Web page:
Friday, March 6, 2015

Healthy Hair from the Inside Out

When trying to attain or maintain healthy hair, it is vital to take a holistic approach. Quality products, with organic/natural ingredients, is only one component.  We also have to recognize that proper diet and our physical and mental well being also have a direct impact on the state of our hair.  Let’s focus on maintaining a proper diet.  I remember hearing as a child that, "too much of anything isn’t good for you.”  This statement is true when it comes to the foods that we eat or chose not to eat.  Eating well-balanced meals can create an internal environment for our hair to grow and help to impart a healthy luster.  When trying to foster healthy hair, I believe that it is vital to incorporate all basic food groups from either plant or animal based sources.  Please note, my diet is not 100% healthy and I still enjoy my moments of weakness IMMENSELY.  However, indulging in my guilty pleasures occurs far less frequently in my 40’s than in my 30's. Hmmm, wonder if gravity plays a part in my decision-making process?  My food intake motto is "everything we need comes from the earth".  Of course, some of our vitamins and nutrients may come from a good supplement, but I try to consume organic and naturally derived food sources with minimal processing or food additives.  On a side note, proper diet is not only reflected in the condition of our hair, but also in our skin which is an added bonus to healthy eating. :)
What I am about to share is by no means a regiment that I am proposing as the “perfect diet”.  I solely want to share educational nuggets that help me in my hair care journey.  Feel free to make modifications to meet your palate's liking.  Water is vital to my daily regiment.  It is the first thing I drink every morning, what I typically drink throughout the day and the last thing I drink before I go to bed at night.  Now, I still enjoy a ginger ale every now and then, but that falls into my “guilty pleasure” category.  We must keep our bodies hydrated.  Water makes up a vast majority of our body, flushes out certain toxins, promotes nutrient absorption, helps balance bodily fluids and keeps our hair and skin from looking so dry/wrinkled.  If you don’t like to drink water, consider consuming more fruits and vegetables that have a high water content.  Some fruits or vegetables to consider are watermelon, strawberries, cantaloupe, grapefruit, cucumbers, tomatoes, zucchini, iceberg lettuce(my preference is romaine), cabbage or broccoli.  Another great benefit to eating an ample supply of fruits and vegetables is that they are low in calories and sodium and can give you a boost of energy.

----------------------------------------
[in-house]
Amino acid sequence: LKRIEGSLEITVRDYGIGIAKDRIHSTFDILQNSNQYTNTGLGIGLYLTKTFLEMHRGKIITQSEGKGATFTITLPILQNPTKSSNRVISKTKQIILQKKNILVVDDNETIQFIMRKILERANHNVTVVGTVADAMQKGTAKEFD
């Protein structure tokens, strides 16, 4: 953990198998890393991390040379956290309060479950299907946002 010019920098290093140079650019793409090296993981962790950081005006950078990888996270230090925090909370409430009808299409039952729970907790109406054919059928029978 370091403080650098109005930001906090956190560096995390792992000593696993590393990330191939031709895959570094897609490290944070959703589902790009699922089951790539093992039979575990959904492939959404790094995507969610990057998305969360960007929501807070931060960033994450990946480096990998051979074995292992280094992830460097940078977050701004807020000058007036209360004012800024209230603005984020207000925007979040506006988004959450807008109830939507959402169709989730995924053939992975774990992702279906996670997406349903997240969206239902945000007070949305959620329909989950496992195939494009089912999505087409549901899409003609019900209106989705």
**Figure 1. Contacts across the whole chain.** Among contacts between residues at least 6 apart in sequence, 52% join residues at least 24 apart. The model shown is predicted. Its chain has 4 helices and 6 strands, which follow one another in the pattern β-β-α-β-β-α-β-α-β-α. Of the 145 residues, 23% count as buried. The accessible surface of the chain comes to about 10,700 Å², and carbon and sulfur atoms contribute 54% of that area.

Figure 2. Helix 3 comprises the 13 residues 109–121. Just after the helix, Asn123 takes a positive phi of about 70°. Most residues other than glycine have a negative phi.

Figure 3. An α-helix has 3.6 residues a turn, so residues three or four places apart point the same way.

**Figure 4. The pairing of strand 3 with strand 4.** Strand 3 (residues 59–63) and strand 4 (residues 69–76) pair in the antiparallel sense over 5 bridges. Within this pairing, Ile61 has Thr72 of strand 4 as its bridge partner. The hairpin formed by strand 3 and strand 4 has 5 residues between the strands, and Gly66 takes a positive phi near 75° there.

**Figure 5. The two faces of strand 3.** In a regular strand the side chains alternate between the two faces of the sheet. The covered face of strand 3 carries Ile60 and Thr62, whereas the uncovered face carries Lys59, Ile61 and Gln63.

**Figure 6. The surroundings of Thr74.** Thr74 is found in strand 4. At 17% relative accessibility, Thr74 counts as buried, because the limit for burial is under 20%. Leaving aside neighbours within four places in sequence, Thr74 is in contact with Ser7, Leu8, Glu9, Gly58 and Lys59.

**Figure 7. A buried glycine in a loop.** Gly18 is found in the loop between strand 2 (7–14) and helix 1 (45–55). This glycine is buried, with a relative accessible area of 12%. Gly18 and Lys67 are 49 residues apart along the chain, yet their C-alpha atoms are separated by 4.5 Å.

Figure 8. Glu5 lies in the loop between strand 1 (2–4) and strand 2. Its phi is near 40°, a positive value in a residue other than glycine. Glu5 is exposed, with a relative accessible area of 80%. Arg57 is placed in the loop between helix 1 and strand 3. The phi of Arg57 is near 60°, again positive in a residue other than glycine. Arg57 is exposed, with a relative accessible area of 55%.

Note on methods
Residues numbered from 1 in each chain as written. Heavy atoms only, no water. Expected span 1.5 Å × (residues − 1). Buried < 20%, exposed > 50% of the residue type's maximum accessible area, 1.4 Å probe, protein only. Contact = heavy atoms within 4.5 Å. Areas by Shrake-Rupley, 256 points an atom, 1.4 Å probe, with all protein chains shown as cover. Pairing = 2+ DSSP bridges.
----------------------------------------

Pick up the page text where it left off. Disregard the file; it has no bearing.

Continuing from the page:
I also consume a significant amount of wild caught salmon, tuna and mackerel which are great sources of omega- 3 fatty acids.  Omega-3 fatty acids benefits extend far past our hair and can have a positive impact on triglyceride levels, rheumatoid arthritis, potentially ezcema or chronic dry skin and more. Consumption of omega-3 enriched foods may increase hair’s elasticity, foster hair growth, improve dry, flaky scalp or skin and nourish hair follicles.  Food sources of omega-3 include, but are not limited to sardines, tuna, halibut, wild caught salmon, flaxseeds/flaxseed oil, walnuts, almonds, brazil nuts, pumpkin or chia seeds.